QE3: Beginning Of the End?
Long-derided by Austrian economists and inflation hawks everywhere, quantitative easing (QE) has been the Federal Reserve's primary tool for combating the devastating effects of the Great Recession. First enacted in 2008, the Federal Reserve has purchased trillions of dollars in Treasury bonds and collateralized debt obligations — specifically mortgage-backed securities. QE1 saw the Fed expand its balance sheet from between $700bn and $800bn in Treasury notes before the crisis to some $2.1 trillion in Treasuries and mortgage-backed securities it had purchased from financial institutions by June 2010.
Not content with the pace of the recovery, the Fed commenced a second round of easing in November in 2010. Under that iteration, the Fed bought $600bn in long-term Treasuries and reinvested nearly $300m from the proceeds of bonds it had previously bought. The aim of the program was, and remains, to drive down Treasury yields and discourage safe-haven investing.
This chart explains the correlation between the implementation of rounds of QE and the S&P 500.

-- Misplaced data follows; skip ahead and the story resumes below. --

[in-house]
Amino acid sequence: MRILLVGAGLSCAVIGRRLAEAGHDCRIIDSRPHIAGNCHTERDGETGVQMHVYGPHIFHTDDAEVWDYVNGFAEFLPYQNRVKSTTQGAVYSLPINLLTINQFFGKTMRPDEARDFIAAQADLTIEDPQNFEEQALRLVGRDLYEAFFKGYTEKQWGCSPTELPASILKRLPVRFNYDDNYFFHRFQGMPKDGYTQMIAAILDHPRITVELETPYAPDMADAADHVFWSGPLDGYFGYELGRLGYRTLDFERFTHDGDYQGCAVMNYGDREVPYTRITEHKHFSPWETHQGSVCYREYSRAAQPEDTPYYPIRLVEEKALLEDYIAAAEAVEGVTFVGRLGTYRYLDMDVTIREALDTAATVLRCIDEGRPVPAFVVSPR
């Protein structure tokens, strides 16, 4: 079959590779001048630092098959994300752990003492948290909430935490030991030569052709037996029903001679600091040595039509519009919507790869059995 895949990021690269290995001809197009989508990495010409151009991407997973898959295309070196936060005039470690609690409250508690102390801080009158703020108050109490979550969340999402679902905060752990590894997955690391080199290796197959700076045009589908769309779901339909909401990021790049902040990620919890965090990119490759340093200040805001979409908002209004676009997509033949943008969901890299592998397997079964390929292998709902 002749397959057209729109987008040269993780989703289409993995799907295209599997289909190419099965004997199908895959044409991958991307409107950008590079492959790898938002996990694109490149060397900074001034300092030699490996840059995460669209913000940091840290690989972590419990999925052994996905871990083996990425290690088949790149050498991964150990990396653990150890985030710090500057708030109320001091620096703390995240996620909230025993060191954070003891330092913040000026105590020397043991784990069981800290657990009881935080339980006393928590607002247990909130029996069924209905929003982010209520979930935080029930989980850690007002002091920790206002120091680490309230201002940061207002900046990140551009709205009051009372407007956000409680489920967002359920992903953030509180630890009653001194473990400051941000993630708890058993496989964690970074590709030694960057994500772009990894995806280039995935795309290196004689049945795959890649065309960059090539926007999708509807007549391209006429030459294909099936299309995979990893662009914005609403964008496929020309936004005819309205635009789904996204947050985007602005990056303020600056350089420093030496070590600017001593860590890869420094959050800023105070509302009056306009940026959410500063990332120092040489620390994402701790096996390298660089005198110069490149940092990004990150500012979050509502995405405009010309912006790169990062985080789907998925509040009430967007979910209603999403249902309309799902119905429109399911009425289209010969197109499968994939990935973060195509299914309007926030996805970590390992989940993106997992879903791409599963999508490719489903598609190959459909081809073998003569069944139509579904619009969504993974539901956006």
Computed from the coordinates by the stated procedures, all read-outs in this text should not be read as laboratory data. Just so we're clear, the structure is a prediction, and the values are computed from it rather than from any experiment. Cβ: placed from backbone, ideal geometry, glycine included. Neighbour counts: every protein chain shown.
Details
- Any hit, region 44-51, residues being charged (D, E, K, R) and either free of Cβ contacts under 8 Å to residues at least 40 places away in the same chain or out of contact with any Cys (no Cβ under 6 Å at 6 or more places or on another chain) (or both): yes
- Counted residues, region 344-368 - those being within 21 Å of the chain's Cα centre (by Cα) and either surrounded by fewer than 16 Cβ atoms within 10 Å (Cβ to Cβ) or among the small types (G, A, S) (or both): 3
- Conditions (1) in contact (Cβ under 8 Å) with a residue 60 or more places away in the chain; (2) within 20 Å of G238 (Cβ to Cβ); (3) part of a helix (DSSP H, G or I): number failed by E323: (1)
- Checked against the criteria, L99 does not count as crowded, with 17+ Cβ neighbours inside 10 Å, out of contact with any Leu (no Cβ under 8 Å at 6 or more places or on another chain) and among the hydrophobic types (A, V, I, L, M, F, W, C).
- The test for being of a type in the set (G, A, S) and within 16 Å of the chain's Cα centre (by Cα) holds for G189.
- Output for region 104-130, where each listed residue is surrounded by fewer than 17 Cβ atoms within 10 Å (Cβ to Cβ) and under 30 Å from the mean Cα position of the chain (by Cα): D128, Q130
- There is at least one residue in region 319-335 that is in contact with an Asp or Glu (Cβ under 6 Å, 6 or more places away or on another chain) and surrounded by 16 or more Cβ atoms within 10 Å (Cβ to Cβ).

After the unwinding of QE1 and QE2, the market experienced corrections as the Fed withdrew the stimulus, which has an inherent inflationary effect. By increasing the amount of dollars in circulation, asset prices rose. Each time the Fed announced it would cease pumping money into the economy via permanent open market operations, traders by and large became bearish on stocks and commodities.
A trimming of the bond-buying program currently in place is unlikely to rattle markets, as a $10bn-$20bn reduction has already been priced into the market. However, if it goes beyond this, or if the Fed indicates it might be willing to terminate the program completely sooner rather than later, stocks could be in for a jolt
QE is meant to shore up banks' capital and spur lending by freeing them of toxic mortgage derivatives, which were in demand in the run-up to the crisis. Many of those securities, however, were backed by subprime loans, which were also partly responsible for the housing bubble.